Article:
It seems to me this is CLEARLY a “personal view, attitude or appraisal”. And unless I missed the poll of Austrians that you have conducted which definitely established this factoid with “complete certainty”, it certainly fits definition “1″.

      It was certainly news to me, and to pretty much all of my Austrian minded friends I’ve asked, including FRB supporters and several of your fans, that FRB is the majority among Austrians. I’m curious as to whether you counted yourself in said poll, seeing as you don’t (thankfully!) consider yourself an Austrian anymore.

      And of course, within your self-referenced comment on Krugman’s blog, you wrote “It is unfortunate that Congressman Paul has chosen to accept Rothbard’s characterization of fractional reserve banking”, which unless I’m mistaken DEFINITELY sounds like an “opinion”? Unless it is a fact with complete certainty, as opposed to your appraisal of the situation.

      That word “opinion”? You keep using it, but I don’t think it means what you think it means.

      “Shameful”

      I do indeed (as does anyone with a shred of common sense) see a great deal of shame in this “exchange”, but it certainly is not coming from Mr. Salerno’s side.

      “illustrative of what happens when anxiety to affirm one’s fidelity to a club takes precedent over concern for truth. ”

      I’m still clueless as to what you’re referencing here. Someone having the gall to disagree with you? It seems to me Mr. Salerno genuinely holds to his views on FRB because he believes them to be true, rather than “anxiety to affirm one’s fidelity to a club.” If you have any evidence to the contrary, by all means present it. I for one was not aware Mr. Salerno’s fidelity to Austrian Economics, the Mises Institute (which has some FRBs within it) or libertarianism as such was ever in question. And it has certainly never seemed to me or anyone else that he has demonstrated “anxiety” over the matter.

      Furthermore, to suggest he has somehow abandoned the pursuit of truth in this regard to satisfy said anxiety strikes me as an amazing comment to make, one that actually made me believe that someone else must have written your comment instead of you. That’s how insane it comes across. I had to read it twice to make sure it was what I’d actually read.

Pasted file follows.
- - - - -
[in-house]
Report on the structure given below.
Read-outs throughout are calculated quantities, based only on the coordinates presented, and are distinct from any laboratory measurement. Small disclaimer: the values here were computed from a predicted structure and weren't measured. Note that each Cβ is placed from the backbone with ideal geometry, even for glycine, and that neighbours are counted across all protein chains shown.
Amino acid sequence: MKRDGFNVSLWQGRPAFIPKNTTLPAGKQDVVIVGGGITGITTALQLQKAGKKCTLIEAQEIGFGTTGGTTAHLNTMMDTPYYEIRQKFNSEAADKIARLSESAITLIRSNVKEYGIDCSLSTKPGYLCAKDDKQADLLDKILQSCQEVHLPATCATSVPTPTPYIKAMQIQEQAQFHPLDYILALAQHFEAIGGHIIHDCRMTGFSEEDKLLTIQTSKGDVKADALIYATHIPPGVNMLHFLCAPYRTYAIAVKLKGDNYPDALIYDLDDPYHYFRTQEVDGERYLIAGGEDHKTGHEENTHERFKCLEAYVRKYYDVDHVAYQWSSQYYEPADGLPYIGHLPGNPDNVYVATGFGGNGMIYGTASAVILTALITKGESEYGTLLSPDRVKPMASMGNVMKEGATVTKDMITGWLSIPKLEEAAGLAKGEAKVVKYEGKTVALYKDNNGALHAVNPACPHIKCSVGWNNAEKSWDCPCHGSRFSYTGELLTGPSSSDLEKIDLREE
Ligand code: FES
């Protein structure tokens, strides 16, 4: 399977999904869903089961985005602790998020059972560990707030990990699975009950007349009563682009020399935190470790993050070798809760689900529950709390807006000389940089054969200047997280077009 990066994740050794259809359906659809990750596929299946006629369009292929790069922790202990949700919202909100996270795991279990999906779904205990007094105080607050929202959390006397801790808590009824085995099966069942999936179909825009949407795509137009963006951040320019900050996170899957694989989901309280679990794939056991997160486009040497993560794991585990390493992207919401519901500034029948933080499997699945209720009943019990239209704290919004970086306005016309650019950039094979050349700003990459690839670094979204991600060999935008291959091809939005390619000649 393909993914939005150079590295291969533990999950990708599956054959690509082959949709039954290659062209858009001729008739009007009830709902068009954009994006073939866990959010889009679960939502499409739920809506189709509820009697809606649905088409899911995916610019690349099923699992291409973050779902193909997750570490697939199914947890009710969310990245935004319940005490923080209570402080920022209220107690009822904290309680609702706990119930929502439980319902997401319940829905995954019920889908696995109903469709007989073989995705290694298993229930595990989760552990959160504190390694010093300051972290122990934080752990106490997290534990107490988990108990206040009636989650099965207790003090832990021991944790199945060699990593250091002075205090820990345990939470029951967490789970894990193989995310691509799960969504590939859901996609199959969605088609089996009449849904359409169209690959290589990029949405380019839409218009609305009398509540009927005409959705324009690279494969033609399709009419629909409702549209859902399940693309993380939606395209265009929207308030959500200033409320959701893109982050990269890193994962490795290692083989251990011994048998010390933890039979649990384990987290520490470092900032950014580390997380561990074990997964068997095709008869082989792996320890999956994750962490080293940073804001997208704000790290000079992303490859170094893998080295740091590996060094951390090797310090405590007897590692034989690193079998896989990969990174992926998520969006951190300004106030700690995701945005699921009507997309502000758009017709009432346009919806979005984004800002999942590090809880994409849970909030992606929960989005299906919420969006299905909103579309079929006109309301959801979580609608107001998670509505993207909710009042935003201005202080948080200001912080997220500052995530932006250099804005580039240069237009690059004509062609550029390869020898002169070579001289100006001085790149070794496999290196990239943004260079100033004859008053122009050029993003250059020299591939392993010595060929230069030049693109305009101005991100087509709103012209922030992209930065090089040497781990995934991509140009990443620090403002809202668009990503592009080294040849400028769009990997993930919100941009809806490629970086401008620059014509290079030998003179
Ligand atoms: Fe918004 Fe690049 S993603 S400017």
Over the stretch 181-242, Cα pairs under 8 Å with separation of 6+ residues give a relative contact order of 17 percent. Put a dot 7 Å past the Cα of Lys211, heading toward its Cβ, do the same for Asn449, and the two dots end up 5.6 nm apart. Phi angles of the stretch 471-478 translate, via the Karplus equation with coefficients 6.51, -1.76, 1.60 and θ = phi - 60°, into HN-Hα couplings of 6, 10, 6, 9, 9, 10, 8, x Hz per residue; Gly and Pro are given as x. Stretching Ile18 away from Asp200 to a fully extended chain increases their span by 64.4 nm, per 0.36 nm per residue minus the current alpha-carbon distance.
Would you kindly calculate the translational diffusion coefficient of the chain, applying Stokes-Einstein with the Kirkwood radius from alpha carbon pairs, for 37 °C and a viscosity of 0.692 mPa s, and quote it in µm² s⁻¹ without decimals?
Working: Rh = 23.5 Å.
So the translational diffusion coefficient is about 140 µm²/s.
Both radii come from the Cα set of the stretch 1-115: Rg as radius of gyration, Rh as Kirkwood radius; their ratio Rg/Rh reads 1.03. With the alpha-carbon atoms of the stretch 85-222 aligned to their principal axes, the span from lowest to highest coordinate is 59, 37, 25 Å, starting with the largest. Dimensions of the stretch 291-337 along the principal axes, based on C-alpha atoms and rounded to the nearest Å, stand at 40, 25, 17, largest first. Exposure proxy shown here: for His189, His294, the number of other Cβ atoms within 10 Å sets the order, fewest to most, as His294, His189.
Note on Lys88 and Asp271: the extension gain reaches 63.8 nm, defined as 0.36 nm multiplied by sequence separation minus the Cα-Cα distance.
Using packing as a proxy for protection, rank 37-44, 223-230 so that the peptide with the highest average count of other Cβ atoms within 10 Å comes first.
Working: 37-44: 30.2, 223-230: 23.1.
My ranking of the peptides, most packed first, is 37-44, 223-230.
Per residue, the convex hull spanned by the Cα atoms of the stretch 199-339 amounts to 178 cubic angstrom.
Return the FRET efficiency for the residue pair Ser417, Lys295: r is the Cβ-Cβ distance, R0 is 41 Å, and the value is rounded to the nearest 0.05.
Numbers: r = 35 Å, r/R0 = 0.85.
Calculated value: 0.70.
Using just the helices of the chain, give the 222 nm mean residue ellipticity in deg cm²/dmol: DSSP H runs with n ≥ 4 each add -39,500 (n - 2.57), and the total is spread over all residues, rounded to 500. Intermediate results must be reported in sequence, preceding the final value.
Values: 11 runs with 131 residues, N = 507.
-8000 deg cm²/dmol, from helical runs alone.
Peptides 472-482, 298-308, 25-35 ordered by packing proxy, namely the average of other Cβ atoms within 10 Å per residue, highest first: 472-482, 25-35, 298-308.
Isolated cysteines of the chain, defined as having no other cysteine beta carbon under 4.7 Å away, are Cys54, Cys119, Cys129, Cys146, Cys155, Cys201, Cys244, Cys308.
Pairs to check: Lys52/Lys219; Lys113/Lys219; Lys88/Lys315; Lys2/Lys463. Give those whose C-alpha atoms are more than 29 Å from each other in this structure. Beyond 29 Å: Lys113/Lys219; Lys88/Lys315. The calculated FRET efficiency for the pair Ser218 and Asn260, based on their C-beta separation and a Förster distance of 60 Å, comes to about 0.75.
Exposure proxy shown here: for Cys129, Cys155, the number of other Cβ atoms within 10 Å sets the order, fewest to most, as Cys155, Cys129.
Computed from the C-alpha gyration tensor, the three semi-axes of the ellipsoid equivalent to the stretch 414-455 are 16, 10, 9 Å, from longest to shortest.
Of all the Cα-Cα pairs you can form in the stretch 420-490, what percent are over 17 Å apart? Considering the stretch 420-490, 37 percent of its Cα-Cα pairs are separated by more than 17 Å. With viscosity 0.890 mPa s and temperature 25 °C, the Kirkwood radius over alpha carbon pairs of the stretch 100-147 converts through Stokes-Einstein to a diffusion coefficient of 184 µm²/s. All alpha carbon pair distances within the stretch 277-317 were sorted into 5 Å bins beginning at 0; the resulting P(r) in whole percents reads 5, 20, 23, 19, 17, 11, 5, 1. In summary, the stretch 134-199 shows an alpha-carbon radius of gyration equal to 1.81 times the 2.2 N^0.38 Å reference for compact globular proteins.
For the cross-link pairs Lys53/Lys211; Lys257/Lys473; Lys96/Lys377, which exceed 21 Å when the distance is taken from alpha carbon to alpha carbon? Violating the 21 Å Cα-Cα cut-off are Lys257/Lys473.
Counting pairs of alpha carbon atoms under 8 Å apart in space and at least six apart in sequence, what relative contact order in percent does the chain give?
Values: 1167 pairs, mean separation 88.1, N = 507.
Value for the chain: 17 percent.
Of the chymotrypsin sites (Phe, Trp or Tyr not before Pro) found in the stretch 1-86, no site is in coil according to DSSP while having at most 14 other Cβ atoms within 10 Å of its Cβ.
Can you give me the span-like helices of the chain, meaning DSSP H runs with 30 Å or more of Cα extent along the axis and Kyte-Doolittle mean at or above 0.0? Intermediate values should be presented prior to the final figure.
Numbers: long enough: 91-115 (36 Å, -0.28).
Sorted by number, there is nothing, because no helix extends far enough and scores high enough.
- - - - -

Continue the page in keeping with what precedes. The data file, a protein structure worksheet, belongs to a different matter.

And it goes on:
Mr. Selgin, your entire comment is quite frankly, awful. It was actually sent to me by a FRB Austrian friend of mine who likes your work a great deal, and in sending it to me he basically commented how horrible you come across in it (your comment). If this is someone else writing as you, I hope the Circle Bastiat deletes the comment so as to not wrongfully besmirch your name.

      If however you actually wrote said nonsense, I would encourage to delete it. Perhaps it was written in passion and poorly worded or phrased, something we may all be forgiven for from time to time.

      If you still stand by it though, I don’t really know what to say. I’ve read much of your work, academic and otherwise, and while I disagree with parts of it I’ve considered you an intelligent proponent of your views, committed to the pursuit of truth. Your post however paints you in an INCREDIBLY negative light to anyone reading it. It is for lack of a better word, embarrassing. Words like pathetic and petty come to mind as well. That you would actually stand by it is passes insult and enters hilarity.

      • “taking its lead from Murray Rothbard, is but a small contingent with which the rest vehemently disagree”

        I’ve seen this being argued quite a bit as well, although I’ve never seen the proof. But, in any case, it’s irrelevant. Why is this even being brought up? Prof. Salerno could be the only one on the planet screaming that FRB causes the business cycle and this would still be irrelevant to whether he is correct or not. I don’t think that those who believe that FRB creates the business cycle should even be responding to this.

Comments are closed.